Date: 10/27/20 8:30 pm
From: Brandon Caswell <brandon.caswell83...>
Subject: [ia-bird] Johnson Co. waterfowl "Big Day"/Big Year update
Hi all,

There has been some amazing waterfowl diversity in Central Iowa and along
the Mississippi River lately. Today, Johnson County finally got in on some
of it. Last night I decided to do a "Waterfowl Big Day". I guess I aimed
at trying to find as many waterfowl species as possible until heading back
home around 3:30pm.

I got a late start and unfortunately the Surf Scoter that Mark Brown had
found late Monday evening at Terry Trueblood had left sometime before or
around sunrise. I was perhaps a little down right off the bat at what lied
ahead for the day, but pushed on. That Surf was actually the first scoter
that's ever been eBirded at Terry Trueblood, so great find on that long
overdue tick for the hotspot!

My next stop was at Mar Lee/West Lakes Park where I had an AMERICAN BLACK
DUCK. That was #262 for my Johnson County Big Year. It can be a tough
county bird, but has become reliable at this spot over the past several

At the North Arm of Lake Macbride I had a lone RED-NECKED GREBE and thought
maybe it was a bird Jim Forde had found last weekend. I later found another
single at Coralville Reservoir (big bend area around Scales Pointe), so it
looks like his pair stayed local, but perhaps parted ways. Other waterfowl
at "the Res" included at least two GREATER SCAUP, a female/immature BLACK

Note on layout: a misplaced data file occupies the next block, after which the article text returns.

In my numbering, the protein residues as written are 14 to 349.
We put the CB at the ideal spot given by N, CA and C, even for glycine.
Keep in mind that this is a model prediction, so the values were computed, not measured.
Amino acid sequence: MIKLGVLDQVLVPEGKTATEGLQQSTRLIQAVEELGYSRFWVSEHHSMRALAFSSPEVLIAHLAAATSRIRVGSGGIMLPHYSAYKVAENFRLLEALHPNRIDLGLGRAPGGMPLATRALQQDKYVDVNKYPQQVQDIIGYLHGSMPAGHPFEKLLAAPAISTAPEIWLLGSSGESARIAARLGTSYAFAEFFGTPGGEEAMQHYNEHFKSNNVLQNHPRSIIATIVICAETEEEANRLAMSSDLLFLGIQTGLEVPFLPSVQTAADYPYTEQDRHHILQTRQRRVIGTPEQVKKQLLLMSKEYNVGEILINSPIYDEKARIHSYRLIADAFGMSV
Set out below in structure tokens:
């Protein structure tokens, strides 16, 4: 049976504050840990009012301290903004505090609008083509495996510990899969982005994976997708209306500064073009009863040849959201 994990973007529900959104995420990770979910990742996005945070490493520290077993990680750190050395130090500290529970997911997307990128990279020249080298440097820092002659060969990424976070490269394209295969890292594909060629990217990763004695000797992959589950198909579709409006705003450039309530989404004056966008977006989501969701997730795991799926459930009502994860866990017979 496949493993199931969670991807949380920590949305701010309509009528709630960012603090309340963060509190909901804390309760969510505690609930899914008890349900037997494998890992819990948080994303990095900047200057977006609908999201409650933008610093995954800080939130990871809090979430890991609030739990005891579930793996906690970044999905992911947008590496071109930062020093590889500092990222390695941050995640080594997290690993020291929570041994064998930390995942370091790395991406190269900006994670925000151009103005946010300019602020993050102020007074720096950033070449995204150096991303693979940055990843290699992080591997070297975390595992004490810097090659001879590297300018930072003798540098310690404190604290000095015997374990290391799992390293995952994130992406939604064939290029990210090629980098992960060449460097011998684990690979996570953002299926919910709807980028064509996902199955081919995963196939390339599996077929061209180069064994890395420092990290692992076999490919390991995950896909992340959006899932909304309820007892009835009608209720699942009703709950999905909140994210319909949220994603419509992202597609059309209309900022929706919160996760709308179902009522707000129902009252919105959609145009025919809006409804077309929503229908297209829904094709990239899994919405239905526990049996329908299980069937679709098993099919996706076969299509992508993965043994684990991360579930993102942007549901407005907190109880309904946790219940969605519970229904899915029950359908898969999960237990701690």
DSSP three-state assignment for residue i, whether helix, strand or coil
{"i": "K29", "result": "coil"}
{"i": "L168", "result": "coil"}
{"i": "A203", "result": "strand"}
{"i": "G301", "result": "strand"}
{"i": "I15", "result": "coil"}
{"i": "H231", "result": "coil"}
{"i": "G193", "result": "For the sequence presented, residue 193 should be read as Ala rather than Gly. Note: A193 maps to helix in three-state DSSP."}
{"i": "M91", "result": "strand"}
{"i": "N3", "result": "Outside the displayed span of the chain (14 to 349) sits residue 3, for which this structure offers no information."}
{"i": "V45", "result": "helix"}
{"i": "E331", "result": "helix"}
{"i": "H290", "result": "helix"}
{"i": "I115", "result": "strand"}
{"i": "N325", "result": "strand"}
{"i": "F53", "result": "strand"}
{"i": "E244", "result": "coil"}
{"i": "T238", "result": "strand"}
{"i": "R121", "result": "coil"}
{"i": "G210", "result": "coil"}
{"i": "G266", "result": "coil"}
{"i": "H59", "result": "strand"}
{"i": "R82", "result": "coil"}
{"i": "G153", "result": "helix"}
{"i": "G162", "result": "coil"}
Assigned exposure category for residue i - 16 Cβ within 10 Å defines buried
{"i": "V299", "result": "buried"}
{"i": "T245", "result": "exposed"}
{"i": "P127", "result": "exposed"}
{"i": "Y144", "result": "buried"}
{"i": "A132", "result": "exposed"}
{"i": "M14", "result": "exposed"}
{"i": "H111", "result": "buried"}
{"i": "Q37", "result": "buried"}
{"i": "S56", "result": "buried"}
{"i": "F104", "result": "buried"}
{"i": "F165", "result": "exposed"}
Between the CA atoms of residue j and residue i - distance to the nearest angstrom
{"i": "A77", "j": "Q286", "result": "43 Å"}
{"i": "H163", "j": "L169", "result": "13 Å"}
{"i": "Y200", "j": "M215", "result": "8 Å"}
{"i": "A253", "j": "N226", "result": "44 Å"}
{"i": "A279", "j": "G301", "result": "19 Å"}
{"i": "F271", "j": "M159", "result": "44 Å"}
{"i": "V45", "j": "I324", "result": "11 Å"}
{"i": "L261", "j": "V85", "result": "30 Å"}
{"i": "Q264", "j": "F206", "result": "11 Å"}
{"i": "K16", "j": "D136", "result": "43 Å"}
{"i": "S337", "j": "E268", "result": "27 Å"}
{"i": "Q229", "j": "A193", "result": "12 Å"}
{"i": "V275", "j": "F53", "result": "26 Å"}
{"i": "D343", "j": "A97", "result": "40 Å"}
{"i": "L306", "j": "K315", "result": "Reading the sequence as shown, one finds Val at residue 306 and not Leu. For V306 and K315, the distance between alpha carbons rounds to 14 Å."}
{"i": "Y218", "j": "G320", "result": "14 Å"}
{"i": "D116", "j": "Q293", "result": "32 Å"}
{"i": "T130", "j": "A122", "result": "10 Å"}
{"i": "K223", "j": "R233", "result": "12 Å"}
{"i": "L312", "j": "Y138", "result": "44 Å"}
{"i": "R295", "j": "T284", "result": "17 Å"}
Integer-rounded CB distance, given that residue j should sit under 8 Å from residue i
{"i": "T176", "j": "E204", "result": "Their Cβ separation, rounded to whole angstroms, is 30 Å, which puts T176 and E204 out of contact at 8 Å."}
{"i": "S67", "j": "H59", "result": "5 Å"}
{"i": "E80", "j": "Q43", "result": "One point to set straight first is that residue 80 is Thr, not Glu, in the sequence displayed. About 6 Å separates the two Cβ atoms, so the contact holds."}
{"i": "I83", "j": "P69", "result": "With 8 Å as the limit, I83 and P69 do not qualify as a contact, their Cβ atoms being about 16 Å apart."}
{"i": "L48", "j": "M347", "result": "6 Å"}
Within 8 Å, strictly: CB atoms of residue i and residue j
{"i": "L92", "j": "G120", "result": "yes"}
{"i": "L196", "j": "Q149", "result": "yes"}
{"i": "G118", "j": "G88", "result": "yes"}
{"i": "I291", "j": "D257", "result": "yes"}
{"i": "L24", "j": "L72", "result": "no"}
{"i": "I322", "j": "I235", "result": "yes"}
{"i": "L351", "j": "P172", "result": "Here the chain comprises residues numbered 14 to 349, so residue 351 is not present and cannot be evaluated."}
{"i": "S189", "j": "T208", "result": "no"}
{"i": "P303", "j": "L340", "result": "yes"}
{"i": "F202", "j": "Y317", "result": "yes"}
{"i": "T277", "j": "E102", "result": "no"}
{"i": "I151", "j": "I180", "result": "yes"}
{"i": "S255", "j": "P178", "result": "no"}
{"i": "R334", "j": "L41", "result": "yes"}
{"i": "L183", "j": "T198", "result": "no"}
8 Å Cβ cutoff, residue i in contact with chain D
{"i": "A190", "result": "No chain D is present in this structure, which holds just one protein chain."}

SCOTER (#263) and after some others came out to relocate the scoter, a
WESTERN GREBE (#264). Mark Brown left Scales with 268 species (!) for his
Johnson County Big Year and the Black Scoter was #299 for his county list!
Thanks to James Huntington for spotting the Western Grebe!

I had 21 species of ducks/geese and as I mentioned four grebes at one
location. Having Western and Red-necked together is pretty much unheard of
in our parts I assume.

I next made a quick stop back at Mar Lee/West Lakes to tick off Greater
White-fronted and Cackling geese that had come back to set in for the
evening (or sometimes they stage there and then fly to local fields for the
night). Then over to F.W. Kent Park for Linda Rudolf's ROSS'S GOOSE (thank
you Linda!). This goose may be "Bob". Apparently the schoolkids over near
West Lakes Park have nicknamed a Ross's Goose that's been hanging out there
several days. It just dawned on me "Bob Ross", perhaps just a coincidence
(or a school teacher was in on the nickname too). :)

Mark Brown and I, at this point, fully expect to hit the 270 mark for the
year. We still both need a scoter. Will be on the lookout for Red-throated
Loons among other notable water birds. We have yet to see Long-eared,
Short-eared or Northern Saw-whet owls. I've got three fairly easy winter
birds to get in the following weeks. It's going to be a fun last two months!

Good birding,
Brandon Caswell

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